Name: Obi Asika
Profession: Serial entrepreneur working across media, entertainment, sports, social media, music, and mobile, to bring African content to global audiences
One Word That Describes You : Global African
What does being one of the BEMM 100 Ambassador mean to you?
This came as a huge surprise, but it’s an enormous honor. I had a look through many of the other ambassadors, and I am in very good company. Thanks to BEMM for the acknowledgement. This sort of thing can only inspire us to do more.
What are you doing as an Ambassador to help support black male achievement now or in the future?
I think the power of example is critical; that we can succeed. For me, this is also about convergence, about bridging those real and invisible gaps between us in Africa and our brothers in the diaspora. It sounds corny when I say it, but the truth is, together we are pretty much unstoppable. However, we all need to get on the same page.
What are some examples of how you turned struggle into success?
I have always been a pioneer. Today the urban African music scene is exploding globally. However, I recall a decade ago the stress and struggle to get anybody in Nigeria to take these talents seriously; not to talk about where we are now as the dominant player on the continent, in terms of our content out of Nigeria. All the best stories seem like overnight successes, but experienced people know all success boils down to hard work, luck, and timing. It has been my abiding privilege to be involved with the explosion of the Nigerian music and entertainment scene and to watch it go global. There is so much more to come. I can’t wait until all our people everywhere are rocking our music, fashion, comedy, food, and more.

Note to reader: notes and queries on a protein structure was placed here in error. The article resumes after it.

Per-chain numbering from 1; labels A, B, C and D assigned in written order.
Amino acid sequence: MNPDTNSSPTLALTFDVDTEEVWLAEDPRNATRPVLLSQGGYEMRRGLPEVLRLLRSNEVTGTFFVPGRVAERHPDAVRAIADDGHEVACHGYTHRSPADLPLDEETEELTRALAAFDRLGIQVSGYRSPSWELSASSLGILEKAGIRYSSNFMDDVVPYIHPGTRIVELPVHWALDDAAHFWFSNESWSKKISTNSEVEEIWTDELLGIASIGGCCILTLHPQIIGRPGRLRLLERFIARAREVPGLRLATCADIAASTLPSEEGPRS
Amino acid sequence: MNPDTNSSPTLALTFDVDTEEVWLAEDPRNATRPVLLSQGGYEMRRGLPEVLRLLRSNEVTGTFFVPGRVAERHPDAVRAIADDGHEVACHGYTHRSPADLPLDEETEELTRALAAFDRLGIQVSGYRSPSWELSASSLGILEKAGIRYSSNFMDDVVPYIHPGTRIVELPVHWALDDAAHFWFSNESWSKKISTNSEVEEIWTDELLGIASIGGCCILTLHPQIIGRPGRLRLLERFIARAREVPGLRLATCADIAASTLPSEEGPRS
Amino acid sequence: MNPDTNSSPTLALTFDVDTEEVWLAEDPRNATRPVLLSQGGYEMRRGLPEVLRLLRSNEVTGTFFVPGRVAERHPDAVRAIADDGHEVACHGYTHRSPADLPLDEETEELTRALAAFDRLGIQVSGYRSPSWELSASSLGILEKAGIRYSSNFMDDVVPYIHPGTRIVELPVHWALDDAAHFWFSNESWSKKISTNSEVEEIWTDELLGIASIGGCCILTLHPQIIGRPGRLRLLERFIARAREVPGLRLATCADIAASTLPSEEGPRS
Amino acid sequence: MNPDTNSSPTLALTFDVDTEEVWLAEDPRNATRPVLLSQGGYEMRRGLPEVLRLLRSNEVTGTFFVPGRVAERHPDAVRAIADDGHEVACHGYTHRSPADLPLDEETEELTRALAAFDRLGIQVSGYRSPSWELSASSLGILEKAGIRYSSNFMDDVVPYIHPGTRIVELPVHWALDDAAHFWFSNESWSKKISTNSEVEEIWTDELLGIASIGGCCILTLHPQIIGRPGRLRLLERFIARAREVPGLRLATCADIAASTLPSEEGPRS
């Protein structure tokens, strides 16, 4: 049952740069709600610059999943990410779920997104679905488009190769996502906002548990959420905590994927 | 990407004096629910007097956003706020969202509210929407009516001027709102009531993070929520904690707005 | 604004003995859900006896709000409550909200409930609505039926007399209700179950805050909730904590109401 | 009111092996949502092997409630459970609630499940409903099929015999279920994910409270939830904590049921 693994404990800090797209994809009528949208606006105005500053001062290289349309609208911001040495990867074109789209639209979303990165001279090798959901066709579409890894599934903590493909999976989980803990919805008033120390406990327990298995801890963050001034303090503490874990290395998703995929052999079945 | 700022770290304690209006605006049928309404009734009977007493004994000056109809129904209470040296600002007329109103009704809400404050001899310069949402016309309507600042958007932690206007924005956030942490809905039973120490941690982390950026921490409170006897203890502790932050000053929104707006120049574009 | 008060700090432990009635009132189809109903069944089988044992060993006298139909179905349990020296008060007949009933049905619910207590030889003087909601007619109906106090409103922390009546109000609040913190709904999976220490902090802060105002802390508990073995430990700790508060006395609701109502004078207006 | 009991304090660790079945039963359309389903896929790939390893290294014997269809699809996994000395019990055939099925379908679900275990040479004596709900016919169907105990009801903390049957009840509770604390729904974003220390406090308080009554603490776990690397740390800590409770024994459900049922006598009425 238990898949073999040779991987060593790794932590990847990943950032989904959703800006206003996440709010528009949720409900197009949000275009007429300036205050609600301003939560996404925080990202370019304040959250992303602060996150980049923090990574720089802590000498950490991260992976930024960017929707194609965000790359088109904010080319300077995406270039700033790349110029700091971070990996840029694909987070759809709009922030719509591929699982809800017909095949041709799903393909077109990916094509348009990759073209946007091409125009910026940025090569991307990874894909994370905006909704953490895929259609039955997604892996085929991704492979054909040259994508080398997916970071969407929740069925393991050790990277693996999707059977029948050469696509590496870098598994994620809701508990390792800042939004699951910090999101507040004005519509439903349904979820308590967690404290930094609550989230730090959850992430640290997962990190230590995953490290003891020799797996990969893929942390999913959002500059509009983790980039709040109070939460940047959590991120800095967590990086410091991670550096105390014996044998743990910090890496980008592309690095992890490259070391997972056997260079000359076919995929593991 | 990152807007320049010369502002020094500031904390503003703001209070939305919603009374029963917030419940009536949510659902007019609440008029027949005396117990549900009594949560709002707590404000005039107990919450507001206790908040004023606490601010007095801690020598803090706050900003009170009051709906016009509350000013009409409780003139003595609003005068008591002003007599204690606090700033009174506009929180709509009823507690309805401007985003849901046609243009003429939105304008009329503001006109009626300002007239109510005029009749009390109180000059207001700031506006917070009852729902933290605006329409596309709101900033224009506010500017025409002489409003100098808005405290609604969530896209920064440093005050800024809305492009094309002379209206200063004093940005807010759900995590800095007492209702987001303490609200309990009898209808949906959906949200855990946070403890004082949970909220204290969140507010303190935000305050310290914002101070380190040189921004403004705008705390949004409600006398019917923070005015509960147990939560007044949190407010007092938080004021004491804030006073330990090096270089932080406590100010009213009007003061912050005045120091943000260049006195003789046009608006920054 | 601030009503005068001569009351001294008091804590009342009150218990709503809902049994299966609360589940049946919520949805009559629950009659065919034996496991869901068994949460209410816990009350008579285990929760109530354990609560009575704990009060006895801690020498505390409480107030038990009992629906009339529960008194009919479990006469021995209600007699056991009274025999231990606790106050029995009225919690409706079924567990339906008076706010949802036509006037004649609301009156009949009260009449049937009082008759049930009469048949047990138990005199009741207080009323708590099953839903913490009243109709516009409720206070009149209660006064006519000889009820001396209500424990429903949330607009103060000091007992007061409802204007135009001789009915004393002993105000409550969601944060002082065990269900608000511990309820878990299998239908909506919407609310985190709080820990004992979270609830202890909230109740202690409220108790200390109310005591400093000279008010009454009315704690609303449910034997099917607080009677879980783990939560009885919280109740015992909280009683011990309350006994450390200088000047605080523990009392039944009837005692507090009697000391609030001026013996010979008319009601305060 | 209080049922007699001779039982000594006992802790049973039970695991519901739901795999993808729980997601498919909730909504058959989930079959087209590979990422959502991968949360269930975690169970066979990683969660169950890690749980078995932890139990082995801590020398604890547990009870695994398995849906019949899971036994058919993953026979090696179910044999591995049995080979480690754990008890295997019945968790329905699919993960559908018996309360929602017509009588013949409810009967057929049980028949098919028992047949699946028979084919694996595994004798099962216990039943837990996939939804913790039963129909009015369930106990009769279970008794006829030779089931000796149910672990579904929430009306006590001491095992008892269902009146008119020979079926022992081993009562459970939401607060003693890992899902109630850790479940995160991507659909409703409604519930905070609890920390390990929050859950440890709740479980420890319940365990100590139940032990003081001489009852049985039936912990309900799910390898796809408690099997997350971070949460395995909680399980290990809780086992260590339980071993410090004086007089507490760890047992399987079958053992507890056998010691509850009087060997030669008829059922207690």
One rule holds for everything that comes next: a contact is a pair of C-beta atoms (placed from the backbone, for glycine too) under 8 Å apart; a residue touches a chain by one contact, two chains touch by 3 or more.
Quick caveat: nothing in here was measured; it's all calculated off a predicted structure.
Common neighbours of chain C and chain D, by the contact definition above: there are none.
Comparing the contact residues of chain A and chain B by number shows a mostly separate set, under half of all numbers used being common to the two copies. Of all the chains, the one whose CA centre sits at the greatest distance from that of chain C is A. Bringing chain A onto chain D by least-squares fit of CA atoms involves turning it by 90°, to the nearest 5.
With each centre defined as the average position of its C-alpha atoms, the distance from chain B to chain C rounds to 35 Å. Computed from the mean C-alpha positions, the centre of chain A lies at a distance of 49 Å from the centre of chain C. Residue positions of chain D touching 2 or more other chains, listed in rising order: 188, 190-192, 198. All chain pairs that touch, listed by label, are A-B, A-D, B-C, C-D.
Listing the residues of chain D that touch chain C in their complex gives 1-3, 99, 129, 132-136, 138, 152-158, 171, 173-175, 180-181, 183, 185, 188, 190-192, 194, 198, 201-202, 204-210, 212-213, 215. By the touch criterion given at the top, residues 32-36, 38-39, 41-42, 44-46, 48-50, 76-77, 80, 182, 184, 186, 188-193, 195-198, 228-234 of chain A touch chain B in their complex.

What is an important quality you look for in your relationships with others?
The most important qualities are to see if there is a commonality of philosophy, especially of values, of integrity, work, and focus. When all of those qualities collide with hard work and creative talent, then the work feels like play. That is what I always look for; those people who make the work feel like play, but know how to execute.
What are some immediate projects you are working on?
I am working on a number of projects. I am excited to be working with Roc Nation on some exciting convergence projects in that space. I am also working with a new initiative called Afec to see how we can promote co-ventures between African filmmakers and Hollywood to bring more content to the global box office. We have a billion untold stories on the continent, and in this new media age, we have the platforms to deploy and deliver our narratives to a global audience.
Also, of course, with my partner Ngozi Odita at Society Have, we produce Social Media Week Lagos—next year will make it five years. We have achieved well over one billion mentions in social, over 750 speakers, and have broken all kinds of attendance records. Also, we deliver the number one event globally where black people are leading the discovery and discussion of social media and technology and how that nexus is impacting our daily lives. The franchise is global and was birthed out of New York. Our data and numbers not only show the incredible connectedness of this era, but also the innovation, talent, leaders, and power that our young people are developing. Each and every year, the attendants and speakers continue to astound and amaze me. It’s been a huge privilege to be involved with nurturing this important platform.